Court reverses interstate surrogate adoption

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The Indiana Supreme Court reversed an adoption order granted to a New Jersey man of twin girls born by a surrogate in Indianapolis, ruling the Indiana trial court failed to comply with the Interstate Compact on the Placement of Children.

In the case In the matter of the adoption of Infants H.; Marion County Division of Indiana Department of Child Services v. Stephen, No. 29S02-0904-CV-140, Stephen filed a petition for adoption of twin girls born in Indianapolis to a woman from South Carolina using donor sperm and eggs. The twins were released to Stephen by the trial court in Hamilton County pending a final hearing and waived the statutory requirement of prior written approval of a licensed placement agency or the Marion County Office of Family and Children, now the Department of Children.

Later, it was discovered that Stephen wasn't a resident of Indiana but was living and working in New Jersey. Stephen initially claimed the twins were biracial and hard to place, but they were not; he later said they were hard to place because they were a sibling group. Adoptions to non-Indiana residents can be approved for statutorily defined "hard to place" children.

The Department of Children became involved in the case when hospital workers called the organization after Stephen visited the hospital with a pet bird and had bird feces on his coat and seemed unconcerned about potential health risks. Marion Superior Court ordered the twins as children in need of services and placed them in the custody of DCS. It was after the CHINS investigation that Stephen claimed the twins were hard to place.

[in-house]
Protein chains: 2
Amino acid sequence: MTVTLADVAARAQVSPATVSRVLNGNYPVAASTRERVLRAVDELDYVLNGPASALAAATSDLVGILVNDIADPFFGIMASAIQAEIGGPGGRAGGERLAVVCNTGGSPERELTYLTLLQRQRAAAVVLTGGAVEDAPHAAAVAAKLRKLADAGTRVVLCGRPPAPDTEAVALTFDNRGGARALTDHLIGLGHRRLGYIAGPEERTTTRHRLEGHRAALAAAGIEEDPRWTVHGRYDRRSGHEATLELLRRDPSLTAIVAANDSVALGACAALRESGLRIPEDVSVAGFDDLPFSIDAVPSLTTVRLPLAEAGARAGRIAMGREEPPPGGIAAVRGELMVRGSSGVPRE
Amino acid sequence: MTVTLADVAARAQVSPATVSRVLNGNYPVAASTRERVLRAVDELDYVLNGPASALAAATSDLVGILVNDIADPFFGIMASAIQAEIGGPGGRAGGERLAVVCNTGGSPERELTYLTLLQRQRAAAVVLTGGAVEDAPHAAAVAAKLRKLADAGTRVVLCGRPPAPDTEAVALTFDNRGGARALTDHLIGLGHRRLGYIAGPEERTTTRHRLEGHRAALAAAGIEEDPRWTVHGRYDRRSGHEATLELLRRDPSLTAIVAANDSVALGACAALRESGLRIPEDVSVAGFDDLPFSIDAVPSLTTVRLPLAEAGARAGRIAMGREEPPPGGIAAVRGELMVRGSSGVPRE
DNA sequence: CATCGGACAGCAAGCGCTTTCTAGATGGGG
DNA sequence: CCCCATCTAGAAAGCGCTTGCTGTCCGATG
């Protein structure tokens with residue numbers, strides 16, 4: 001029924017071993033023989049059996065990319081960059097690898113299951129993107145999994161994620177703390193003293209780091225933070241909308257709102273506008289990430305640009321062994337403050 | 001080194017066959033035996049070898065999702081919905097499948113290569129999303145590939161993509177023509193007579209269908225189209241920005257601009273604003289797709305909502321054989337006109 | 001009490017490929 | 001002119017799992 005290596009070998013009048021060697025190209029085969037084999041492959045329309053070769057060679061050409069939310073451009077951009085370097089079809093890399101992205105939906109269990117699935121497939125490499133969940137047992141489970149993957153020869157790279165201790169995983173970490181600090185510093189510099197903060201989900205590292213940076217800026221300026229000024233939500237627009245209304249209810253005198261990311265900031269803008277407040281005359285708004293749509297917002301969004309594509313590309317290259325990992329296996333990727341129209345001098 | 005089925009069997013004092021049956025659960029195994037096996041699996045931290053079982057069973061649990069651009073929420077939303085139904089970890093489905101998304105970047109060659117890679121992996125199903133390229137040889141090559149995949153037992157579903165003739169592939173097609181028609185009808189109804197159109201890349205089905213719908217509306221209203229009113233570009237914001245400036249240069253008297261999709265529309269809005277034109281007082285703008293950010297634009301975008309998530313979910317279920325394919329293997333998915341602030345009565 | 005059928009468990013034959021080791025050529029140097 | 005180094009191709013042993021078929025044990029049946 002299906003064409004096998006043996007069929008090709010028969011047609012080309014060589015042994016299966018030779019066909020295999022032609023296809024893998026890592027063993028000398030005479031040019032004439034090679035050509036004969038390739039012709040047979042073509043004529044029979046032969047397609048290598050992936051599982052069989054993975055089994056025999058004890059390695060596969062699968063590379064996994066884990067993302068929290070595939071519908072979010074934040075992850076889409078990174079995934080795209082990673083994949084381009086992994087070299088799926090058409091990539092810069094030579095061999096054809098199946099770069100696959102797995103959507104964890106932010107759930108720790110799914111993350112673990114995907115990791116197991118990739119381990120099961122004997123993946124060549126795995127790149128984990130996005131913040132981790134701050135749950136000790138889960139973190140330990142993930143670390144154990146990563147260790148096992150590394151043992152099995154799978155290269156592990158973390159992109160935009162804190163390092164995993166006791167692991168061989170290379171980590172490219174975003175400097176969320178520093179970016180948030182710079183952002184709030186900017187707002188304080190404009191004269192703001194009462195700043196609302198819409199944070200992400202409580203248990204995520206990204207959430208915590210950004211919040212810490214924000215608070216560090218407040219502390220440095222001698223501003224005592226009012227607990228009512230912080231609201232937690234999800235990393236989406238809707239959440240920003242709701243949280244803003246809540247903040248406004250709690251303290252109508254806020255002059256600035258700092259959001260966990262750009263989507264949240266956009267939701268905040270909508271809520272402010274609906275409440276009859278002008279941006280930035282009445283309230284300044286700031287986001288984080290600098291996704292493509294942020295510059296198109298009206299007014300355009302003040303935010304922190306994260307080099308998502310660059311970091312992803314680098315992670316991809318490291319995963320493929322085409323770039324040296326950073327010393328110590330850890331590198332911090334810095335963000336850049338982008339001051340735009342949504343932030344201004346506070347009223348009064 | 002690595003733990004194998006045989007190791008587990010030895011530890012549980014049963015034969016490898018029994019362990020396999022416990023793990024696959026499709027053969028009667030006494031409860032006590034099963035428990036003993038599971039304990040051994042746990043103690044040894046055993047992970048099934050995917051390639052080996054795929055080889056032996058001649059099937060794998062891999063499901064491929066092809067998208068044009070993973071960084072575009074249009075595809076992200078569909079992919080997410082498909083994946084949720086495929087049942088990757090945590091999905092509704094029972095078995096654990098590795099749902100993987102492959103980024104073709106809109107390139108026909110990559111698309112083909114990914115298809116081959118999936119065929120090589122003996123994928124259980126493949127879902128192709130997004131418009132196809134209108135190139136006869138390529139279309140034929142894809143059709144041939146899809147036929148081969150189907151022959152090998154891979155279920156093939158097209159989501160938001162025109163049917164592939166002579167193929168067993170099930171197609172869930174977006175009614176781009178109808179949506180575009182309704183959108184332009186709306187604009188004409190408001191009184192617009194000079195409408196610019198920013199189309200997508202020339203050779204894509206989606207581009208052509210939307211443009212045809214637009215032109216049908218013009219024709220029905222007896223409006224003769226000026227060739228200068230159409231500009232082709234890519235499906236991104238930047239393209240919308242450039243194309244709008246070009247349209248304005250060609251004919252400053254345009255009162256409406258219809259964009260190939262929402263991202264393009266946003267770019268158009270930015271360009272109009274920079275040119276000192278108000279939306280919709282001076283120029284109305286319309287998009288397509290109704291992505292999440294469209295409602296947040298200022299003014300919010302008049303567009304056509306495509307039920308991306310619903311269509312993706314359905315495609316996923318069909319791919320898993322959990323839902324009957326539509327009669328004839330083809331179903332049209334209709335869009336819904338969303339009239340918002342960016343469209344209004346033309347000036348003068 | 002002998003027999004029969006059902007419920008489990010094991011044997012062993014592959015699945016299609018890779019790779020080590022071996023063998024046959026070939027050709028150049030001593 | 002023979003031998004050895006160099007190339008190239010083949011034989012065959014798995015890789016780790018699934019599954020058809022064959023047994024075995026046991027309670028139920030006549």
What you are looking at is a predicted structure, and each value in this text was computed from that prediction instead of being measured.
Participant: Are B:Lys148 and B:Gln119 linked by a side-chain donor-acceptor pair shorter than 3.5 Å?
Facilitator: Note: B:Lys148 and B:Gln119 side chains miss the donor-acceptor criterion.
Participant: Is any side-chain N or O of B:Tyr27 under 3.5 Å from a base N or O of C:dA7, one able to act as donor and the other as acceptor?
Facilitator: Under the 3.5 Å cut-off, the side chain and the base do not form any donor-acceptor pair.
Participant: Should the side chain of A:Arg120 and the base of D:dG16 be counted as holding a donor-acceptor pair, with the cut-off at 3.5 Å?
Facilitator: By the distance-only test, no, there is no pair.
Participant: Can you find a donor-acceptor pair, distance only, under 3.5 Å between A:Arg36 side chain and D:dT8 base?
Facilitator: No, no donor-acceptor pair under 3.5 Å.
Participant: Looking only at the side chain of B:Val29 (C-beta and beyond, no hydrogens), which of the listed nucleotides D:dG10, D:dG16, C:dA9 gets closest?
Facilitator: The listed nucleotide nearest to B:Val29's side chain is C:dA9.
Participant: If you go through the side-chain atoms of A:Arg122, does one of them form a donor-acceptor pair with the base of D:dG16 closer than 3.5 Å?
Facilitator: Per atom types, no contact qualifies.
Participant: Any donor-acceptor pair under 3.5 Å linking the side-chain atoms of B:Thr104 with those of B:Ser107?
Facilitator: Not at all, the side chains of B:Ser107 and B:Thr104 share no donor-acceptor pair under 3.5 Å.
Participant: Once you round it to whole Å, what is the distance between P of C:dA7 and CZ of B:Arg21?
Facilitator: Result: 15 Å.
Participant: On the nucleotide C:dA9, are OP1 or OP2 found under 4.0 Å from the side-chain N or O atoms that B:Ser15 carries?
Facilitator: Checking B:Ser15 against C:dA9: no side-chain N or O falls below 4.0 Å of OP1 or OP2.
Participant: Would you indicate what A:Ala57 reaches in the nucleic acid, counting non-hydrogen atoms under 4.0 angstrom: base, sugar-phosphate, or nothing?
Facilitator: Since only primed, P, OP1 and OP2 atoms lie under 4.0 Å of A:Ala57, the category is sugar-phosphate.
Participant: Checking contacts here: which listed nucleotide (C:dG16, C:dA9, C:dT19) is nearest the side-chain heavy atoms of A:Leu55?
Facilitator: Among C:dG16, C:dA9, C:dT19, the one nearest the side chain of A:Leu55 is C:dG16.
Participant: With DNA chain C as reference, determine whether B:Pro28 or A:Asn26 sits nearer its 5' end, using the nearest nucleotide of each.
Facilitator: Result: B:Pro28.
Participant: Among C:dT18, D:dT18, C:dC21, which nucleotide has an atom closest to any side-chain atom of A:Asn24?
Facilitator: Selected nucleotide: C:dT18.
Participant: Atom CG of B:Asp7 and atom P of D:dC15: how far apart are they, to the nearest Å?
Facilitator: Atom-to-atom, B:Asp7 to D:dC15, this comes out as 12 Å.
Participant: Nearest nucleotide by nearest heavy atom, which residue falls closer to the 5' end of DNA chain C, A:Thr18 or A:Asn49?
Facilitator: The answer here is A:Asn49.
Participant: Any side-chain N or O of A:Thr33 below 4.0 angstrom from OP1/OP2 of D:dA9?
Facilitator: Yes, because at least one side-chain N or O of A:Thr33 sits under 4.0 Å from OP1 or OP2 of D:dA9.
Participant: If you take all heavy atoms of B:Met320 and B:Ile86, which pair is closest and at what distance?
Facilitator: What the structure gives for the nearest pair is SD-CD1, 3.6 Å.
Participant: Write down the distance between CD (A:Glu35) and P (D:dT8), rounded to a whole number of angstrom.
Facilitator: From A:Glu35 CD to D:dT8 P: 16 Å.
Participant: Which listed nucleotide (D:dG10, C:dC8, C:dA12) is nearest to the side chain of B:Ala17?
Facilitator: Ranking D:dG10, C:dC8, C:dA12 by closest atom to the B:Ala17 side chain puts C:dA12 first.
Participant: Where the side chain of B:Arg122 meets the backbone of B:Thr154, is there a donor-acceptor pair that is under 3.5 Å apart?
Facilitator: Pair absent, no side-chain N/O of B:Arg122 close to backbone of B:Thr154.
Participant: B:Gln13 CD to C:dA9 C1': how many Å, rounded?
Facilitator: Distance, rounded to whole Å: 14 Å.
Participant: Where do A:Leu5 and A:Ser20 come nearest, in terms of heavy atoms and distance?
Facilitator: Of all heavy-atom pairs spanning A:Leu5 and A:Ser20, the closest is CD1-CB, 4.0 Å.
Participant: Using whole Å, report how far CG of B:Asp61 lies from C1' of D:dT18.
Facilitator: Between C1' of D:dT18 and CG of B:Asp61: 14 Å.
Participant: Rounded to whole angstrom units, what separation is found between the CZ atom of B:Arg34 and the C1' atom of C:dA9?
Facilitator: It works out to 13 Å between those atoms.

The trial court ordered at a final hearing a six-month period of supervision of the placement of the twins with Stephen, entered a final decree of adoption, dismissed the CHINS case, and ruled consent to adoption by the DCS wasn't required.

The justices decided to leave open the residency question and instead looked at three other issues in the case.

Hamilton County wasn't the proper venue for this adoption hearing as Stephen, the children, nor the placing agency were living or located in Hamilton County. In situations such as this case, the adoption court should transfer the matter to the county where the children are located, wrote Chief Justice Randall T. Shepard.

The adoption court also erred by dispensing, solely on Stephen's request, DCS's statutory role to provide prior written approval of the adoption before DCS even knew about the adoption. DCS only learned of the adoption because of the CHINS proceeding.

Finally, the adoption court failed to completely comply with the Interstate Compact on the Placement of Children, which is used when children are sent to live with adoptive parents in another state. There are certain conditions for the placement of children set forth in the compact which are designed to provide complete and accurate information regarding the children and their adoptive parents. Indiana's central Compact office contacted New Jersey's Compact office to evaluate Stephen's suitability as an adoptive parent, but he declined to participate saying he was an Indiana resident. There is also nothing in the record that a New Jersey home study was sent to the adoption court saying the adoption would or wouldn't be in the best interest of the children, wrote the chief justice.

Indiana retains jurisdiction over the twins because of the compact, wrote Chief Justice Shepard. The final order of adoption is reversed for want of compliance with the compact and remanded with direction to comply with it and thereafter issue a further judgment accordingly. The order granting Stephen preliminary custody remains in effect pending completion of this directive and any eventual orders the trial court may enter.


  • Confidential Intermediary